a tennis buddy holing a tennis racquet

Selecting the right tennis racquet is an important first step for playing tennis. But if you’re new to the game and selecting a tennis racquet for the first time, you’ll probably be confused by all the options in front of you. Many factors make one racquet different from others. Some features are helpful and some are not, based on your skill level and playing style. Here are the basics about tennis racquets that can help you choose the ideal one.


Head Size

A larger head generates more power than a smaller head, and it also offers a larger hitting spot and sweet spot. These features are ideal for people just starting out in tennis, since they provide more hitting power and more forgiveness. A smaller head is better suited to advanced players who look for better control. The head sizes of modern racquets range from 85 to 135 square inches, and size 100 square inches is widely used for beginning to intermediate players.


Weight and Balance

Generally, heavier racquets are more powerful than light ones, but you can generate more racquet speed to produce a powerful shot. What’s good for you depends on your personal preference and your hitting style. With modern technology, racquets are getting lighter and yet generate greater power. A great example is the lightweight Head-heavy racquet that reduces the weight from the handles yet maintains maneuverability and power. Heavier Head-light racquets are easier to maneuver, therefore they are more popular with advanced players who look for spins and precision.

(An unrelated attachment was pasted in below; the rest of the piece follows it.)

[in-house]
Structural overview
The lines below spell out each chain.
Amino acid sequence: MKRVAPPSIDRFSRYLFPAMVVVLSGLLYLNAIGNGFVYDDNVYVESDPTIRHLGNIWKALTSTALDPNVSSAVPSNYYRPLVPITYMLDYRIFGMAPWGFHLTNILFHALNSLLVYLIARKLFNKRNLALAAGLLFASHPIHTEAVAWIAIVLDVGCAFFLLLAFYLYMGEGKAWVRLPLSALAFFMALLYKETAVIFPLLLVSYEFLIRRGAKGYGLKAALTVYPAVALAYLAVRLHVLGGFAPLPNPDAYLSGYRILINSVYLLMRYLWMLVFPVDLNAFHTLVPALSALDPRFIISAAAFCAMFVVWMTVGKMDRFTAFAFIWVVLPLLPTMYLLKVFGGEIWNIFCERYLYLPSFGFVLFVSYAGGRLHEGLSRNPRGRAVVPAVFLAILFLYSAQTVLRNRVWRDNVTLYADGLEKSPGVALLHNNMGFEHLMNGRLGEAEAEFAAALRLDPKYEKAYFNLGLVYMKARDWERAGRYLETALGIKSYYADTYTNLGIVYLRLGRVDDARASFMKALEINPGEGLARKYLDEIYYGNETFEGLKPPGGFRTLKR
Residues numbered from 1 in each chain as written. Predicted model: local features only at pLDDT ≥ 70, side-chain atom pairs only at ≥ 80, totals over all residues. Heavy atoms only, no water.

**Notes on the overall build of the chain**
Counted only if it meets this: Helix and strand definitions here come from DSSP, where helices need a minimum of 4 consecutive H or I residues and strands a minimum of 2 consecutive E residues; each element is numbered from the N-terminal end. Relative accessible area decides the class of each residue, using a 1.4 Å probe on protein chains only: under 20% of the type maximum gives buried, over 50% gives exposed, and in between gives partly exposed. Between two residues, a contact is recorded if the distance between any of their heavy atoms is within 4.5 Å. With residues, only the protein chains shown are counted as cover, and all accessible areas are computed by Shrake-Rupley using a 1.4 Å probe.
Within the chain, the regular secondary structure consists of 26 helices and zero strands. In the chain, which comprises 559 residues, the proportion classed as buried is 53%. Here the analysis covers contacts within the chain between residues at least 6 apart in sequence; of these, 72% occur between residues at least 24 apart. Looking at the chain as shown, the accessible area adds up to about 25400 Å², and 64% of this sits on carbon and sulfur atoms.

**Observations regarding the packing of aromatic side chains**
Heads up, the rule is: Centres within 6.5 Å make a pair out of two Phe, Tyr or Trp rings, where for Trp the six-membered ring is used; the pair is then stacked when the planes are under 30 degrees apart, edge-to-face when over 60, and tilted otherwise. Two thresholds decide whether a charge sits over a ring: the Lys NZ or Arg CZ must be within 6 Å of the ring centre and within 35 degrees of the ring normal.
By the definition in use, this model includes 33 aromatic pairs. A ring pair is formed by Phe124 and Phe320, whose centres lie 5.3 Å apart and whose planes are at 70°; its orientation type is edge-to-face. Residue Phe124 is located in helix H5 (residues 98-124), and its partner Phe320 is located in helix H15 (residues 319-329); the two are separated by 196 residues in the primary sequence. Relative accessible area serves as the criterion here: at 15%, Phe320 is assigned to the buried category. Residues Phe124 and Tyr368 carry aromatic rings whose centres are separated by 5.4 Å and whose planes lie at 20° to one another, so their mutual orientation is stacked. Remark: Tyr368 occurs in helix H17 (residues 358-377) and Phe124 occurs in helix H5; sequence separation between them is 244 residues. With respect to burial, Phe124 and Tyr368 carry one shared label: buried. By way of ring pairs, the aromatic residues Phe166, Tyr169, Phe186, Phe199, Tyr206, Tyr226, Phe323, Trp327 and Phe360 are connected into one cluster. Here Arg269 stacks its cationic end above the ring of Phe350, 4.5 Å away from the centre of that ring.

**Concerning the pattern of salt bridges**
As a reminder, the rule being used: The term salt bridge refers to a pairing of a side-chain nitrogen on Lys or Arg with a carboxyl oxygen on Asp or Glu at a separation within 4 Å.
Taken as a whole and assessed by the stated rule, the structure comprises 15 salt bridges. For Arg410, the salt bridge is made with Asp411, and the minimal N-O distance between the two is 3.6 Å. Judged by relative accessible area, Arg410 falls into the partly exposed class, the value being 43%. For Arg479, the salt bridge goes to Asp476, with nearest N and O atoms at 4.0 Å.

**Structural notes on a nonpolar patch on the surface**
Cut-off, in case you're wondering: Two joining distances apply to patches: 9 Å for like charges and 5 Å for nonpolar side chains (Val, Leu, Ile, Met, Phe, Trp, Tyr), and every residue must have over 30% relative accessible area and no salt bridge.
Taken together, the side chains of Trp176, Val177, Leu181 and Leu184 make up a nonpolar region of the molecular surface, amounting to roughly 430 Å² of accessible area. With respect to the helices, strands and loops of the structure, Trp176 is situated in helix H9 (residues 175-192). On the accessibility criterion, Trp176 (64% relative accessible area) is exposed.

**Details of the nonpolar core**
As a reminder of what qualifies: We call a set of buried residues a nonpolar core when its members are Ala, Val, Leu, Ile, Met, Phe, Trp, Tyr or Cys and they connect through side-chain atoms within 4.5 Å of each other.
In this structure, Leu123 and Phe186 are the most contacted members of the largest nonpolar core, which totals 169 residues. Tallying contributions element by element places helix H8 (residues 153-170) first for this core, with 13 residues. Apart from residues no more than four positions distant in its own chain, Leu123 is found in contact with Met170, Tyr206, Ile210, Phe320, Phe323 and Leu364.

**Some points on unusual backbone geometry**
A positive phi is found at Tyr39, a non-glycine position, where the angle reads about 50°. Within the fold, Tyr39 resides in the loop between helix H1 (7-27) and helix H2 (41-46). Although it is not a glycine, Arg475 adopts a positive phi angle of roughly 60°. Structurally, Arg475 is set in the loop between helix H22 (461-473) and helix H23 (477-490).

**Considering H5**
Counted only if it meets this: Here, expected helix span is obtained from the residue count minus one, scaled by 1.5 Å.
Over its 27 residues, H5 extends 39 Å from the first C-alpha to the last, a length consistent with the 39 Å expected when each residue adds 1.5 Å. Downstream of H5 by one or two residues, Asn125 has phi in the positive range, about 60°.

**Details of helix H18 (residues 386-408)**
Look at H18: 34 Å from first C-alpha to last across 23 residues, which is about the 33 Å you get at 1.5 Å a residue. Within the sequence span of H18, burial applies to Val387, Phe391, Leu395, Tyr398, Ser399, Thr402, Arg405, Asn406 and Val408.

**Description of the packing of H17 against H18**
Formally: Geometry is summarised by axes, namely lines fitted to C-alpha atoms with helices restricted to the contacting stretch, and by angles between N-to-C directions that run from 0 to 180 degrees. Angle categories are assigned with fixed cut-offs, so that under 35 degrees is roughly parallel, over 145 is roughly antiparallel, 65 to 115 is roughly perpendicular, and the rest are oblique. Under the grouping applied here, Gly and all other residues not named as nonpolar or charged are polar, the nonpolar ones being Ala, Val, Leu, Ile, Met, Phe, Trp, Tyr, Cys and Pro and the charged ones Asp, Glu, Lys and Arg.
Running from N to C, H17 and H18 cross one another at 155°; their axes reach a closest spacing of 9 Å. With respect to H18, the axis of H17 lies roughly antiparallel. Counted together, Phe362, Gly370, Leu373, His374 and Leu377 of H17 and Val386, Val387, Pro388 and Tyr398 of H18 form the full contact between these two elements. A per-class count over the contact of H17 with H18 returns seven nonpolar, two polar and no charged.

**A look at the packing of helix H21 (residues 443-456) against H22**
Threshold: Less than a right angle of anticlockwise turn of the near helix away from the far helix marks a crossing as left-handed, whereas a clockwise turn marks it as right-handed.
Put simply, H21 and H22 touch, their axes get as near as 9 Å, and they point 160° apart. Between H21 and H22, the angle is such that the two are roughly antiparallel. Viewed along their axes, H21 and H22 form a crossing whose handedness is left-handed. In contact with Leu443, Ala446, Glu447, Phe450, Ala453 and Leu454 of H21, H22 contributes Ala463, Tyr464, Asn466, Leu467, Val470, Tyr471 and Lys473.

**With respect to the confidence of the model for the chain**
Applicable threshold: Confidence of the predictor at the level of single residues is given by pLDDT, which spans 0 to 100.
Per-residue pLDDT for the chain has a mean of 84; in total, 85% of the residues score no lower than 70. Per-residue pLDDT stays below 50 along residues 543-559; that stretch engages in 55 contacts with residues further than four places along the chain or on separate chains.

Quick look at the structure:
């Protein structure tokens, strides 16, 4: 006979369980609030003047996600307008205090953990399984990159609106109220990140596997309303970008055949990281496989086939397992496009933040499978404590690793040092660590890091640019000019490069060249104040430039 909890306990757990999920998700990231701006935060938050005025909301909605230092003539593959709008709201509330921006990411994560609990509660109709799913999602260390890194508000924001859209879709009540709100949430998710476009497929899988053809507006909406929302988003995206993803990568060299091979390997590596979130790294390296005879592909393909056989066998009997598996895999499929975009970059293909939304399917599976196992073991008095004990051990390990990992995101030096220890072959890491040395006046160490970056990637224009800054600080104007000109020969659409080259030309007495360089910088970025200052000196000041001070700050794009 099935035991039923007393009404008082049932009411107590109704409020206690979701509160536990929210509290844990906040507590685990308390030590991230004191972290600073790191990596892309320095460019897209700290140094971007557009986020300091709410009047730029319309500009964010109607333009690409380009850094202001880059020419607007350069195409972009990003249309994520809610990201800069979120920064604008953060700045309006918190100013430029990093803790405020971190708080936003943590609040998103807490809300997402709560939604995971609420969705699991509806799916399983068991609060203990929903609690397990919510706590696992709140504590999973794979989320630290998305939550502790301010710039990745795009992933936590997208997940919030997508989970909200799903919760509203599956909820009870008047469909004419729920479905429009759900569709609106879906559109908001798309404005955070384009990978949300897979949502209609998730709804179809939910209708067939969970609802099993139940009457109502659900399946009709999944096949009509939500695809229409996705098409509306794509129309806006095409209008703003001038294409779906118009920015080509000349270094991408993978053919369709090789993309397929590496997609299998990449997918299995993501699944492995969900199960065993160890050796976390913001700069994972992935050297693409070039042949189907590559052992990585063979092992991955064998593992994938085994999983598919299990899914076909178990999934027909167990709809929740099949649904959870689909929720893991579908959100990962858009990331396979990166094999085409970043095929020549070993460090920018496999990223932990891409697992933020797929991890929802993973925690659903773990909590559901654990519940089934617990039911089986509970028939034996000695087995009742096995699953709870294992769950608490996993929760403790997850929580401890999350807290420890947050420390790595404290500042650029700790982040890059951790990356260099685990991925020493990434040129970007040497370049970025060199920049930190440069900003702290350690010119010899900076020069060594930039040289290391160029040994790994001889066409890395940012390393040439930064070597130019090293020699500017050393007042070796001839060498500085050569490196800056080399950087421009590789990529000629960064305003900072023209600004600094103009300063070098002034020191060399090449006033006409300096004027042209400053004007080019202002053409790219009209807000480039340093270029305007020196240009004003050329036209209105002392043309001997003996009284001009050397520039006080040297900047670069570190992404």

String Patterns

  • Open Pattern (16 main and 19 crosses) adds more spin/top-spin to your shot.
  • Dense Pattern (18 main and 20 crosses) provides better control/precision to your shots. Strings last longer in a dense pattern.

String Materials

  • Natural Gut is the golden standard that provides supreme “feel” and control. The downside is that it is expensive and isn’t durable.
  • Synthetic strings can be made of Nylon, Polyester, Kevlar, or a combination of each. These synthetics are less expensive and much stronger than natural gut, although the feel of natural gut appears to be hard to imitate.

String Gauges

  • The thickness of the string is between 15 (thickest) and 18 (thinnest).
  • Thinner strings provide more “feel” and control, but do not last long as thicker ones
  • 17-gauge is the most popular in the market.

String Tensions

  • You will be asked to specify a string tension when you have your racquet strung. The common range is 55 to 65 pounds. Higher tension provides more control while lower tension provides more power.



Grip size is selected based on your hand size. The sizes are between 4 1/8 and 4 5/8, in 1/8” increments. You can find more details at http://www.tennis-warehouse.com/LC/Gripsize.html.


The best way to determine the right racquet is to try several demo racquets and play with them on the court. You will easily be able to access demo racquets in most tennis clubs and tennis equipment stores. You can also ask to your tennis coach or tennis partners for recommendations. It’s worth investing some time to choose the right racquet because it makes a big difference to your game.